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Review: Trash (2014)

Director: | 114 minutes | , crime, drama, | Actors: , Gabriel Weinstein, Eduardo Luis, , Martin Sheen, Wagner Moura, Christiane Amanpour, , , , , , , , ,

In the summer of 2014, the world became better acquainted with Brazil during the World Cup. The spotlight was briefly turned on this country and a whole lot of filth associated with the corrupted government came to light. Filth is also what ‘Trash’ shows. Three boys spend their days sorting waste in a rubbish dump in Rio de Janeiro. When they find a wallet among the waste, they get into deep trouble. A sadistic police commissioner opens a manhunt for the boys.

The moralistic undertone makes ‘Trash’ a guaranteed crowd puller. Thanks to the ethical superiority of the characters, the provides an accessible insight into the problems of a third world country. Unfortunately, that does not benefit the quality of the film. Due to the many predictable twists and turns, the plot often provokes the hair. The dialogues are childish and very unnatural and the clue is an insult to the viewers’ estimated intelligence.

Like many Western films set in developing countries, ‘Trash’ has a pedantic character and Brazil is presented as little more than a corrupt and poor breeding ground for crime. Director Daldry stated in an that he wanted to end the film with a positive undertone, because, according to him, too many social dramas go wrong. However, this seems to be the only cliché that Daldry has managed to avoid, for the rest the film is overflowing with it.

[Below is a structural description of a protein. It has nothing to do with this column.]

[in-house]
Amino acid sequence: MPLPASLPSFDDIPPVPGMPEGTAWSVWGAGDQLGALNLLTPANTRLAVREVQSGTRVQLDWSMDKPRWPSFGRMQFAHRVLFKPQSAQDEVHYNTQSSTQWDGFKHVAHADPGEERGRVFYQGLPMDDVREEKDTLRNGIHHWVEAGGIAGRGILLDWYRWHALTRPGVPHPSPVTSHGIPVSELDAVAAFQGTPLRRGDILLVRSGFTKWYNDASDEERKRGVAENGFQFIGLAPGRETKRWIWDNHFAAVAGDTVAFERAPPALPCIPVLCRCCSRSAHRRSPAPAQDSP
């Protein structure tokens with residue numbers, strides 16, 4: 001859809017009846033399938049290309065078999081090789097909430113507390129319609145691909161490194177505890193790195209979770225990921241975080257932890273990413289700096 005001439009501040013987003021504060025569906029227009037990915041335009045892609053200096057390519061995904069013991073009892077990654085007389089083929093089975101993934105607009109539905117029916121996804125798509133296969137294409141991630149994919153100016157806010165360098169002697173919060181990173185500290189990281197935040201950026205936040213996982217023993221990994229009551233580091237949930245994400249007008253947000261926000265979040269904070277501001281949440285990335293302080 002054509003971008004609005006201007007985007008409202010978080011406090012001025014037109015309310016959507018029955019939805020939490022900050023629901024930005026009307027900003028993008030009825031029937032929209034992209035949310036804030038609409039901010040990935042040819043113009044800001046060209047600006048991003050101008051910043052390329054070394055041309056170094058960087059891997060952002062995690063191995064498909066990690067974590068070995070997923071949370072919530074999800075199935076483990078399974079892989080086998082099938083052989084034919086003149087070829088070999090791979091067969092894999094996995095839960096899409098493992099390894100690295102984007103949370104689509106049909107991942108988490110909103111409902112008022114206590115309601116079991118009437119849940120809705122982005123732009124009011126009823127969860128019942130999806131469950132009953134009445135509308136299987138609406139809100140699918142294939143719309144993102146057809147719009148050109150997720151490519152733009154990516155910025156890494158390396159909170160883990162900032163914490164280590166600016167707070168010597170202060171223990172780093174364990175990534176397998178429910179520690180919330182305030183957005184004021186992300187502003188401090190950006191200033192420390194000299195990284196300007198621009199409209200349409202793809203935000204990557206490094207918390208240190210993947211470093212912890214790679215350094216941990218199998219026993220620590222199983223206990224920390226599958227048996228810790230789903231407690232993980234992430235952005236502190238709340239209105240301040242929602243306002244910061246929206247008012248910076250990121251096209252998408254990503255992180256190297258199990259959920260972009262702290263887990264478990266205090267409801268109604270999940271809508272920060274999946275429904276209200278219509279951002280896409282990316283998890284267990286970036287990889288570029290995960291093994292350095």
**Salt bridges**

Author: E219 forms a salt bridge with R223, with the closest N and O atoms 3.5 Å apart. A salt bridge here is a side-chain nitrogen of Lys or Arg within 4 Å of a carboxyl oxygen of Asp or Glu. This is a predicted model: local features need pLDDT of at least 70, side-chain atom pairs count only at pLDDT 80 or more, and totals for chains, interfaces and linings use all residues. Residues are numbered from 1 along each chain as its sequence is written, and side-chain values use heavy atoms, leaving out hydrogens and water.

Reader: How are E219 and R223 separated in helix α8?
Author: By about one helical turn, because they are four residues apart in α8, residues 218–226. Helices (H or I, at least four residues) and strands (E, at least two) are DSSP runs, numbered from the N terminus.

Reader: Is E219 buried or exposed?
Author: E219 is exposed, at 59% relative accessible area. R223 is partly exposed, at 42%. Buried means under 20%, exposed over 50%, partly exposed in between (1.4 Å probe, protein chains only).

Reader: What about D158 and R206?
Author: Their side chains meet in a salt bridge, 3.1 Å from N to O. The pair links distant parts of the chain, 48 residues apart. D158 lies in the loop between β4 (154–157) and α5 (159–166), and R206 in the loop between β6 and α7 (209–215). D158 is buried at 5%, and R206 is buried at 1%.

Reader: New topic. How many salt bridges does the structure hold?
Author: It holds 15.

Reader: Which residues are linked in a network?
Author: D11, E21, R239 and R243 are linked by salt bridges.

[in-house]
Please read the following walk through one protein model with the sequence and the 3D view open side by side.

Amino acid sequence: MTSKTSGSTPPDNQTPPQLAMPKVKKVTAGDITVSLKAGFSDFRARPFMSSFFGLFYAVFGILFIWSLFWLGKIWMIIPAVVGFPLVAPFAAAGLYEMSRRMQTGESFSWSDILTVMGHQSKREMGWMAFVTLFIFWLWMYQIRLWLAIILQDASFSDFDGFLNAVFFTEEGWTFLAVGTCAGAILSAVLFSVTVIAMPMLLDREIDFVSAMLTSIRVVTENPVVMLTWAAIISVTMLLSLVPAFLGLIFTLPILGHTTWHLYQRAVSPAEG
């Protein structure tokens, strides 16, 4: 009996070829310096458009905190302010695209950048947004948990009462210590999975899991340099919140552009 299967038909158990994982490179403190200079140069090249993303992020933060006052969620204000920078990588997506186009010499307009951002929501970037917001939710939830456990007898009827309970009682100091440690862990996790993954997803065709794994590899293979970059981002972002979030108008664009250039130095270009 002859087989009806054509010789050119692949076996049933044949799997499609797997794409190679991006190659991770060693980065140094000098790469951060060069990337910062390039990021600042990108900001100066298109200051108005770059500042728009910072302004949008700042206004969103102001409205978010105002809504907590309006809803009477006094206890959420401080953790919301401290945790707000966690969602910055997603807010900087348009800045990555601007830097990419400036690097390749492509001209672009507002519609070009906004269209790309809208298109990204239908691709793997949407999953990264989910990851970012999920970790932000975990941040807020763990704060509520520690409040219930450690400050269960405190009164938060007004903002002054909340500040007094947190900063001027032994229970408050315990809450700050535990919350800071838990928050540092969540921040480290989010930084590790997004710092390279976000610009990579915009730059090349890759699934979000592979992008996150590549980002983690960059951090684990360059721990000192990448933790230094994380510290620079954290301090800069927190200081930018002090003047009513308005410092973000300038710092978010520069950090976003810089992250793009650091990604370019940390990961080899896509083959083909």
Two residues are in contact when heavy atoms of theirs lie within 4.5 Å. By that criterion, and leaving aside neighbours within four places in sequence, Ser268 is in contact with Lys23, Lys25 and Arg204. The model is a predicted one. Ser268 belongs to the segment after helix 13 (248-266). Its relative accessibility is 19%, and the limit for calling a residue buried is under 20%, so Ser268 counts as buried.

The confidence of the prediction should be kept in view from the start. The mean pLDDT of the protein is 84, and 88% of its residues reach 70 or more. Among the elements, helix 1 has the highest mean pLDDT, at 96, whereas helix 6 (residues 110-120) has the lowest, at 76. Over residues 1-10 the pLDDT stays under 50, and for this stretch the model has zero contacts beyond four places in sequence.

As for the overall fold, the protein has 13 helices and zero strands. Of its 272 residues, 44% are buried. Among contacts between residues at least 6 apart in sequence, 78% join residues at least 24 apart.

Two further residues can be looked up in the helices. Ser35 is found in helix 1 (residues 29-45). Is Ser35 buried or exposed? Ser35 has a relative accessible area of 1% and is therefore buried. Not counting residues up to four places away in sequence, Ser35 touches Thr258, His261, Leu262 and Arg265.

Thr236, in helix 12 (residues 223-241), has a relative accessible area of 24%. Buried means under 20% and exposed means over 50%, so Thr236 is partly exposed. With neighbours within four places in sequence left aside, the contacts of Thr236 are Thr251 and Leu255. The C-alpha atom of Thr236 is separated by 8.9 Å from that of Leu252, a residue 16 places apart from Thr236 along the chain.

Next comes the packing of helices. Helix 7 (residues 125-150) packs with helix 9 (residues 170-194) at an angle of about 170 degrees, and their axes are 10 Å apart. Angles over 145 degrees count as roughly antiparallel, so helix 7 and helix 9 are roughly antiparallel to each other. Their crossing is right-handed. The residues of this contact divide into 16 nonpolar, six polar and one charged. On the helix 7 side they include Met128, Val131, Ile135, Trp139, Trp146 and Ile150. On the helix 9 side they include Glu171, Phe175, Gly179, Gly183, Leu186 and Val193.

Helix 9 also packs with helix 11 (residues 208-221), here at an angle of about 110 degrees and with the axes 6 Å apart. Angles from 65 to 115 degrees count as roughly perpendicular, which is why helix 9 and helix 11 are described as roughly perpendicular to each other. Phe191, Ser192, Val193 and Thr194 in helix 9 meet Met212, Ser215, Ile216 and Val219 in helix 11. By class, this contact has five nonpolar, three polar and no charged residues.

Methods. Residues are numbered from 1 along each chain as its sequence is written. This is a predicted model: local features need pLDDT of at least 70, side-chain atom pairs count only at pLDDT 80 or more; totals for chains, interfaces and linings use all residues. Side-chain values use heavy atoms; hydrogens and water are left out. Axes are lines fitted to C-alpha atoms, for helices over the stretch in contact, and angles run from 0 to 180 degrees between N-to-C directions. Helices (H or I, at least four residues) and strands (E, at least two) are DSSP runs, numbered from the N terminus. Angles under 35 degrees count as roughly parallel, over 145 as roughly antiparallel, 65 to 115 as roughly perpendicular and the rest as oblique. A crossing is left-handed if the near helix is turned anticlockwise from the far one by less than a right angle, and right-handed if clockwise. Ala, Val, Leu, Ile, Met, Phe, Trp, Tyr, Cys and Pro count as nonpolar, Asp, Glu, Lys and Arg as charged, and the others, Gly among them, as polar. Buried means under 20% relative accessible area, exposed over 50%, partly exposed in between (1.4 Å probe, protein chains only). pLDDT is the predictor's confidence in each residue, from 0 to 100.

Unfortunately, the danger is that it becomes easy to overlook the beautiful elements of the film, which are indeed present. Think of the beautiful soundtrack and also the young acting talent. Just like in Daldry’s ‘Billy Elliott’, the best thing about this film is the energy the director gets from its young stars. Tevez, Luis and Weinstein play their roles with an uninhibited and sincere boyishness that gives the film a playful and up-tempo character.

The Brazilians are assisted by Martin Sheen, who plays a priest, and Rooney Mara, an aid worker. They both work at the dump and are presented as Western benefactors who act as ‘saviors’ of the Brazilian favela residents. However, both actors portray colorless and patronizing characters whose predictable storyline only slows down the film. Sheen and Mara add very little to the film, but it is of course the question whether director Daldry would have managed to raise the same amount of funds without this Western undertone.

It remains difficult to understand how a director like Daldry, who has such masterpieces under his name (Billy Elliott! The Hours! The Reader!), Managed to deliver a one-sided and predictable film like this. It is all too easy to achieve a high box office by combining shabby situations with a cheerful soundtrack and colorful images, humorous characters and a never back down morality. Unfortunately, we have seen that just a little too often pass the screen.

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